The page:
Endocrine diseases

SIADH (Syndrome of Inappropriate Antidiuretic Hormone Secretion)

Endocrine diseases
SIADH (Syndrome of Inappropriate Antidiuretic Hormone Secretion)
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Written by

Fernando Martínez Sáez
Medically reviewed by our Medical staff

Last update: 15-06-2022

How else can it be called?

  • Syndrome of inappropriate ADH release

  • Syndrome of inappropriate antidiuresis

  • ICD-10: E22.2

What is SIADH (Syndrome of Inappropriate Antidiuretic Hormone Secretion)?

The syndrome of inappropriate antidiuretic hormone production (SIADH) is a condition associated with an increased water retention in the body derived from excessive production of antidiuretic hormone (ADH).

SIADH syndrome is characterized by hyponatremia (low concentration of sodium in the blood) caused by the excess of renal water reabsorption that results in a reduced urine output (antidiuresis).

The body maintains a balance between the total amount of water and the concentration of sodium. Many organs participate in this regulation such as the kidneys, the thyroid, the pituitary gland or the adrenal glands. Specifically, the pituitary gland release a hormone called antidiuretic hormone (ADH) or arginine vasopressin when the body has too little water or there is a high concentration of sodium. ADH causes the kidneys to increase the water retention and decreases the urine output.

In SIADH, there is an excessive and inappropriate production of antidiuretic hormone (ADH). The kidneys overreact to the ADH, so the body retains excess water and the sodium concentration in the blood becomes diluted and falls to abnormal levels.

What causes SIADH?

SIADH (syndrome of inappropriate antidiuretic hormone production) is considered a paraneoplastic syndrome. A paraneoplastic syndrome causes symptoms in patients with a cancerous tumor that are not directly related to the tumor invasion. The main types of cancer known to cause SIADH are:

  • Small-cell lung cancer: It is the most common cause and more that 75% of neoplasm that results in SIADH are from this type
  • Gastrointestinal cancer: Pancreatic cancer, duodenal cancer or stomach cancer
  • Head and neck cancer
  • Brain tumors
  • Genitourinary cancer (bladder cancer, prostate cancer, ovarian cancer)
  • Lymphoma (including Hodgkin's disease)
  • Thymoma

However, some conditions not related to cancer may cause the disorder. The most common ones are:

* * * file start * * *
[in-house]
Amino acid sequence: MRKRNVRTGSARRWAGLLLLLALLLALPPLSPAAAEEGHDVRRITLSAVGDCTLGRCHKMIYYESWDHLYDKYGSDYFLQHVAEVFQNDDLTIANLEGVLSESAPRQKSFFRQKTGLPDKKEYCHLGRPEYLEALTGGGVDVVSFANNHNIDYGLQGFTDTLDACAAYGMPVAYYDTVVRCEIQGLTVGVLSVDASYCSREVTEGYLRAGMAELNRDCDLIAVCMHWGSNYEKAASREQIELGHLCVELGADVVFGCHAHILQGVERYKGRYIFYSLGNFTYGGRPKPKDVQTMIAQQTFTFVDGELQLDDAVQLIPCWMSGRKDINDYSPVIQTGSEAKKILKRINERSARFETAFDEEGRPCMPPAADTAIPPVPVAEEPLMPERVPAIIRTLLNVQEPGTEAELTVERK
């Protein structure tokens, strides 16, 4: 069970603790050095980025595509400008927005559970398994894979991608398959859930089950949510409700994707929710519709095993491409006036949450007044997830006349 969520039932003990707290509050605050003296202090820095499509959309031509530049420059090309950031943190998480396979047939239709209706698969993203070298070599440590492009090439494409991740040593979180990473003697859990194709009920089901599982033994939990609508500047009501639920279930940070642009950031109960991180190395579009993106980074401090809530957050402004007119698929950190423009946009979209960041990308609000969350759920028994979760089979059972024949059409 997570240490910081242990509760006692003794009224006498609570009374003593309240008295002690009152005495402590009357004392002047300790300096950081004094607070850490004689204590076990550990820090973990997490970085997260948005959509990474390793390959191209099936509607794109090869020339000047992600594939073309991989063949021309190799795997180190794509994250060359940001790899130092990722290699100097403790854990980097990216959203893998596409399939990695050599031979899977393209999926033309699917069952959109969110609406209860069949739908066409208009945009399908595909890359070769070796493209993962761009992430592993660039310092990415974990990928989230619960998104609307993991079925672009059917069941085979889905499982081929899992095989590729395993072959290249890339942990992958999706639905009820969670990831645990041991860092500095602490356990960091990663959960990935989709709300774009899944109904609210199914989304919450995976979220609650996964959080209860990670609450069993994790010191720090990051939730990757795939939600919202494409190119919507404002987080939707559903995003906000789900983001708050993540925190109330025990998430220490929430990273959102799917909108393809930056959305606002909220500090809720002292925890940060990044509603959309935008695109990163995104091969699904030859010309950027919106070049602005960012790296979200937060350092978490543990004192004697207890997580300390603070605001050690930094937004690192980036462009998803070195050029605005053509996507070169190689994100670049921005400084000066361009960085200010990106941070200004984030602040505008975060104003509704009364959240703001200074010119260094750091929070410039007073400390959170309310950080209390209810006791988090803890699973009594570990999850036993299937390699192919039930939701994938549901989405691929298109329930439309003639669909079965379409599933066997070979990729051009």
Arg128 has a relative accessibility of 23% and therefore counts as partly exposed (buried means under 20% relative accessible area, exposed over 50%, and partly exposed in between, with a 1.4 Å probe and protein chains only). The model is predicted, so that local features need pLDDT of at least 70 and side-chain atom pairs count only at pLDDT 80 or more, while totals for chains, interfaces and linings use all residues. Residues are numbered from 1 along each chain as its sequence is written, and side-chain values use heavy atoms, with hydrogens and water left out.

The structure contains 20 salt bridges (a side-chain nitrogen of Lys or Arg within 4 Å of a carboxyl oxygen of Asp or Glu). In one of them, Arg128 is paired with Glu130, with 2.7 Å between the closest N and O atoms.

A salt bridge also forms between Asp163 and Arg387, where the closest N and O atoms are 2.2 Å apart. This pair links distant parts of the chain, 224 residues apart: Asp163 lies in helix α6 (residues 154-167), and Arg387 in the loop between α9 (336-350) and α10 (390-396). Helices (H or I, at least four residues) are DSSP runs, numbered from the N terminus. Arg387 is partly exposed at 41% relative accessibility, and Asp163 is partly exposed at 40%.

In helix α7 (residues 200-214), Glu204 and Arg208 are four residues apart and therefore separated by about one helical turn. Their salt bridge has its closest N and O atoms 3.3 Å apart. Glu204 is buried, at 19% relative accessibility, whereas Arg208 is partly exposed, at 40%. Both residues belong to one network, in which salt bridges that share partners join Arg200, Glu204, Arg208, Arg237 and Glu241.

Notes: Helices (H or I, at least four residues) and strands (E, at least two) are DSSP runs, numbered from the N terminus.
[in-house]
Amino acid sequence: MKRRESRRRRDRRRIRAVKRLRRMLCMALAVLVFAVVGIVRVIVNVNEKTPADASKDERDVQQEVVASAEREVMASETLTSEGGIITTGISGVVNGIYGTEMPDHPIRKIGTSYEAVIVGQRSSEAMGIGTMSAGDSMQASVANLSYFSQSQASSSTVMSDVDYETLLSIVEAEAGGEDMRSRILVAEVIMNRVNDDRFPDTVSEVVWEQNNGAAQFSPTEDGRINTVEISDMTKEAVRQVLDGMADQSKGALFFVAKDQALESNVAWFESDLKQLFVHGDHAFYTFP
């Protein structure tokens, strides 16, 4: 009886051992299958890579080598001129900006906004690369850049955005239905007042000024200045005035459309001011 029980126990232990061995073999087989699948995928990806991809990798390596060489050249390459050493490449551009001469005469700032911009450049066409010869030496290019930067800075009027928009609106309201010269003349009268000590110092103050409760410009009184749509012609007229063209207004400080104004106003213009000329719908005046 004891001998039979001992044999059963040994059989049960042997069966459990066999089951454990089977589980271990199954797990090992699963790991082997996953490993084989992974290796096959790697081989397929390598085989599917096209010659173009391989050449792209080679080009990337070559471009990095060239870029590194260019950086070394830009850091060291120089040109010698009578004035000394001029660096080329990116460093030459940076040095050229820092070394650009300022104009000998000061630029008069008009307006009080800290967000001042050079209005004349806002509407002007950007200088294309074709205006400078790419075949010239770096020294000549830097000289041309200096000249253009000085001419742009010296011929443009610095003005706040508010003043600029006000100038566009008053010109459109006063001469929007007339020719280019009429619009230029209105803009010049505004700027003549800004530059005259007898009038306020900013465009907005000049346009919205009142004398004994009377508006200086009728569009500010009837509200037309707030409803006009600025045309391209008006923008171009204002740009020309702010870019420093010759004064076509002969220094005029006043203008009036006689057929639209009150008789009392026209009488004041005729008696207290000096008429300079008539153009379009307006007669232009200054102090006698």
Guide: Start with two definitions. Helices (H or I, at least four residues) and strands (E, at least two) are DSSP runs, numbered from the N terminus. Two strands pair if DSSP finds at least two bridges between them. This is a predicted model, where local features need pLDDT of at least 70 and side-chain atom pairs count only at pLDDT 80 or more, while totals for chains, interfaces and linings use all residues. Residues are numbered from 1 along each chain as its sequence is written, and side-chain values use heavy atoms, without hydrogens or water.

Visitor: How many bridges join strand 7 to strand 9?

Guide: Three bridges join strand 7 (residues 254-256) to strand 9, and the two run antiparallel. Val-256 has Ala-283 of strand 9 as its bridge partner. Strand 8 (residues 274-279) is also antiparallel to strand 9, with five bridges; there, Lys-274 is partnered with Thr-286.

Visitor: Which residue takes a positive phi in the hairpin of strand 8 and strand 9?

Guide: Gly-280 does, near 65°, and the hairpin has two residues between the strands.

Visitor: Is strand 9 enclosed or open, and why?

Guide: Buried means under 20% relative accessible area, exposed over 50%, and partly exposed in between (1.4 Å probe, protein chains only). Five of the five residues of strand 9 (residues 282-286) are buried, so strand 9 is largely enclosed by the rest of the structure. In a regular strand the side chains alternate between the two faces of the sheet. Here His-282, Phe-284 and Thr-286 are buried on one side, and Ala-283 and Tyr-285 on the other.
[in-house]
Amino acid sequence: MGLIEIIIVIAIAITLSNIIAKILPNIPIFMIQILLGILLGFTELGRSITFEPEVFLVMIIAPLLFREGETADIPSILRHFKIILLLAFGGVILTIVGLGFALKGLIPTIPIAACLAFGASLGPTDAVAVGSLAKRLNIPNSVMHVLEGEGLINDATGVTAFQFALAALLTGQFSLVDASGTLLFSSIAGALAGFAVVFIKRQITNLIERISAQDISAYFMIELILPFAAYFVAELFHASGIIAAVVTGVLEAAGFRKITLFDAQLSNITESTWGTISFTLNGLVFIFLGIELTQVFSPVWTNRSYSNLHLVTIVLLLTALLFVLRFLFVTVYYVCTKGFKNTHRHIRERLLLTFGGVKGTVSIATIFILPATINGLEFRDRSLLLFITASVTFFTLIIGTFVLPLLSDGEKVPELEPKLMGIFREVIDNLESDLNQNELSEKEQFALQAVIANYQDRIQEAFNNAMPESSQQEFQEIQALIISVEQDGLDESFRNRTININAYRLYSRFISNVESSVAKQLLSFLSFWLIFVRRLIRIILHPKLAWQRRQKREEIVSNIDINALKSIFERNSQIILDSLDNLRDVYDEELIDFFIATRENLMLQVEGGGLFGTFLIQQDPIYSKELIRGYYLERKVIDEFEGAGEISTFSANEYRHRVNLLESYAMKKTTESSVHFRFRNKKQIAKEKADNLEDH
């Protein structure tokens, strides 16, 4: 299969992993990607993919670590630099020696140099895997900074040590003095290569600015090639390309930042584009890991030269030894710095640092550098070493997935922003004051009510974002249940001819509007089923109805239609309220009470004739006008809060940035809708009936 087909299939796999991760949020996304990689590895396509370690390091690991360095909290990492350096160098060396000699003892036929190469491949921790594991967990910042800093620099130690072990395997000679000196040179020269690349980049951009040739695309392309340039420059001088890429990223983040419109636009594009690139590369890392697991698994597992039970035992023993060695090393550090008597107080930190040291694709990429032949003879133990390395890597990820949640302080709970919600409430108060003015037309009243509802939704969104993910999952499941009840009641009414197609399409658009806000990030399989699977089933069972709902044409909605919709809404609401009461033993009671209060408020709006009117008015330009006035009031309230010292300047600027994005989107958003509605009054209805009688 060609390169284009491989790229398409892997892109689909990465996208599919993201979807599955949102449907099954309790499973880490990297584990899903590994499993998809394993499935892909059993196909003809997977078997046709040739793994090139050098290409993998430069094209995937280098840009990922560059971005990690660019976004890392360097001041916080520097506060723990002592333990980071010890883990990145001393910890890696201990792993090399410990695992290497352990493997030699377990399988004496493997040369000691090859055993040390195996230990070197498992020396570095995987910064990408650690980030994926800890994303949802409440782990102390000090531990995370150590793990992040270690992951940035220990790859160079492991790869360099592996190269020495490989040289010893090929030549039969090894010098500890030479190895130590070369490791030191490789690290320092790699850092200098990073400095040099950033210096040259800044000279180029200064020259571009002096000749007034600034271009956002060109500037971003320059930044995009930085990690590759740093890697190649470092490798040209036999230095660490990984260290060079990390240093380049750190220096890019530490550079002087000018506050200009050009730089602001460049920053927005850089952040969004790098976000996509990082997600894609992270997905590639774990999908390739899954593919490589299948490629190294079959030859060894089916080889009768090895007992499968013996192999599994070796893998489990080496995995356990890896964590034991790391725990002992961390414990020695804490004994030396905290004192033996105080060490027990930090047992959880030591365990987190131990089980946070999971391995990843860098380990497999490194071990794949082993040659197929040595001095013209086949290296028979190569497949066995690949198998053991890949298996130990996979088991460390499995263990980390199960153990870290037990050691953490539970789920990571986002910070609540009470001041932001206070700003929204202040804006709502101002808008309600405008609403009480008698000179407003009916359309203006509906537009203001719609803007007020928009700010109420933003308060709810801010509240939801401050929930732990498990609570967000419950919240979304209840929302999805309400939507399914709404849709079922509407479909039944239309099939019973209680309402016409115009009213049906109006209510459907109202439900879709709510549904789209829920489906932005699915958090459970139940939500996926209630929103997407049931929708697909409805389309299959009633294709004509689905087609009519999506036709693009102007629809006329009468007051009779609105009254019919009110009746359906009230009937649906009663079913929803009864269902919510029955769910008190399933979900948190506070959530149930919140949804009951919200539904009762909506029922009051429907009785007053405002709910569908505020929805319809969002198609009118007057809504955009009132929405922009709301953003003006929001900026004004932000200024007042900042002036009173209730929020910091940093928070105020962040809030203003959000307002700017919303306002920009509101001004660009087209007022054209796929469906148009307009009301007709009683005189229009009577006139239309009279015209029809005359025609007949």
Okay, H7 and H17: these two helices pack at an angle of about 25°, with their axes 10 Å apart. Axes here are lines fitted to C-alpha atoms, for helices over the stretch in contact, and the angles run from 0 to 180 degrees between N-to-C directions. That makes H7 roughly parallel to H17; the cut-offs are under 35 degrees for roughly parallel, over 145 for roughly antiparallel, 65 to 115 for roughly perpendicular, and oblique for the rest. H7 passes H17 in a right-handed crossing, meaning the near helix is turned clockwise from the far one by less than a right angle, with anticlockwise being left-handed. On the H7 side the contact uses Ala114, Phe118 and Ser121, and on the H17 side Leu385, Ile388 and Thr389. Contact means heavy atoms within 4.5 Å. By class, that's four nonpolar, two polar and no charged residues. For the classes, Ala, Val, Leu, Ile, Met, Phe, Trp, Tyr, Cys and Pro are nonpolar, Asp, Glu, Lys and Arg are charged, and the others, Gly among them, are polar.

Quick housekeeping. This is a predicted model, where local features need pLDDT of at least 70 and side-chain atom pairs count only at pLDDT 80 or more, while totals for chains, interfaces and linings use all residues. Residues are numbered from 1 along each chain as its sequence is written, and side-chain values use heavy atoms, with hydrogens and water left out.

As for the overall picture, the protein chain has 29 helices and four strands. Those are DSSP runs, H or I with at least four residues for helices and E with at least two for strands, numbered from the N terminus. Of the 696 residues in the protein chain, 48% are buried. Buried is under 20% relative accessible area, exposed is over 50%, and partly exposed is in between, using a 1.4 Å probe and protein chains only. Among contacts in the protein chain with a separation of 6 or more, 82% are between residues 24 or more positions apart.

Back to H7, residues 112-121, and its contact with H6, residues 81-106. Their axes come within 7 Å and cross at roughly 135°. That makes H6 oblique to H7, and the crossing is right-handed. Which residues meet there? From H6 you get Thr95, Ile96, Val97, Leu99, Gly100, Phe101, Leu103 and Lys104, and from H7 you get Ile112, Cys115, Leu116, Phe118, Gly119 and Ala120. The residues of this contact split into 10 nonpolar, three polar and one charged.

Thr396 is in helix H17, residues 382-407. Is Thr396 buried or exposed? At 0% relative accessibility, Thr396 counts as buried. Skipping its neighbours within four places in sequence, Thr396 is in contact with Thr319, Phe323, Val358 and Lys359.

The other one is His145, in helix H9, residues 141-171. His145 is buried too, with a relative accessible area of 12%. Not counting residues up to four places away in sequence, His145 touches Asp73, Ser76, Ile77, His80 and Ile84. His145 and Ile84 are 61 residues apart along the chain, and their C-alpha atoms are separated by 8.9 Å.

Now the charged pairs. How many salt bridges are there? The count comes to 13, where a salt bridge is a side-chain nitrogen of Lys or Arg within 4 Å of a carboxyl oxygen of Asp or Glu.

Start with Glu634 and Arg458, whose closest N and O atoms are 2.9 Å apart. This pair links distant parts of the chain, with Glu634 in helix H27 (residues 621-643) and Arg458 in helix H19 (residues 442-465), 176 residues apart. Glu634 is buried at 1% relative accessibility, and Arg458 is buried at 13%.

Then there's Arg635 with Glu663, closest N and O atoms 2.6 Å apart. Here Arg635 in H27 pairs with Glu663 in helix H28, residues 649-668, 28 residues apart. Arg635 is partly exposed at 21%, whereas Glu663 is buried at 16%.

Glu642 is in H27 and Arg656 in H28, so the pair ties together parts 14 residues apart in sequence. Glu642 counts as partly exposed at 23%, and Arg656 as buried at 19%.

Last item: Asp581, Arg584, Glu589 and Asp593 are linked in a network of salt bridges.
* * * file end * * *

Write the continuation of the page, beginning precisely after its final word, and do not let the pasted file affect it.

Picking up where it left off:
• Pulmonary diseases: Pneumonia, tuberculosis, asthma, cystic fibrosis, etc.
  • Central nervous system (CNS) disorders: Skull fractures, traumatic brain injury, psychosis, meningitis, encephalitis, stroke, etc.
  • Other causes: HIV, after surgery, hypothyroidism, etc.

A variety of drugs such as antiepileptic, antipsychotic or antineoplastic drugs may also cause SIADH:

  • Chlorpropamide
  • Carbamazepine
  • Cyclophosphamide
  • Vincristine and vinblastine

Which are the main symptoms?

Patients with SIADH may not experience any symptom in the early stages. When the symptoms appear, it is usually due to hyponatremia (low concentration of sodium in the blood).

If there is a mild or moderate hyponatremia (125-135 mEq/l), symptoms are vague and nonspecific:

  • Fatigue
  • Loss of appetite
  • Nausea and vomiting
  • Headache
  • Gait instability

If there is a marked hyponatremia (< 125 mEq/l) the patient may experience:

  • Agitation
  • Irritability
  • Confusion
  • Delusions and hallucinations

In case of severe hyponatremia (< 115 mEq/l):

  • Seizures
  • Coma

How can it be diagnosed?

SIADH may be considered in patients with hypoosmolar hyponatremia (sodium in the blood below 135 mEq/l with a low plasmatic osmolality).

Other findings that are useful for the diagnosis are:

  • A low level of BUN (Blood Urea Nitrogen) and uric acid in the blood
  • High urine osmolality (> 100 Osm/kg)
  • A high concentration of sodium in urine (> 40mEq/l)

The SIADH diagnosis is based on the exclusion of other possible causes of hyponatremia.

A water loading ADH suppression test may be helpful to diagnose SIADH.

Which is the recommended treatment?

The treatment depends on the underlying cause. It is necessary to know the cause for a proper treatment. Sometimes it is due to a tumor that can be treated with radiotherapy or chemotherapy.

In addition, it is necessary a fluid restriction. All patients require a sharp restriction of daily water intake following the medical prescription.

Severe cases may require medication. The most used are:

  • Demeclocycline: Blocks the action of antidiuretic hormone (ADH) in the kidney
  • Vaptans: Increase water excretion without affecting sodium or potassium excretion. The most commonly used are conivaptan intravenously and tolvaptan for oral administration.

It is also available the administration intravenously of a hypertonic saline solution in case of suffering from brain swelling, seizures or coma.

Medically reviewed by our Medical staff on 15-06-2022


  • The Gale encyclopedia of Cancer. Vol 2. 2002. Ellen Thackery. ISBN 0-7876-5611-9 Pag 1018.
  • First Aid for the Basic Sciences: Organ Systems (3rd Ed) 2017, Tao Le, William L. Hwang, Vinayak Muralidhar, Jared A. White and M. Scott Moore, ISBN: 978-1-25-958704-7, Pag. 123.
  • The suspect – SIADH. Kristen Tee, Jerry Dang. Australian Family Physician. Volume 46, Issue 9, September 2017 Available on: https://www.racgp.org.au

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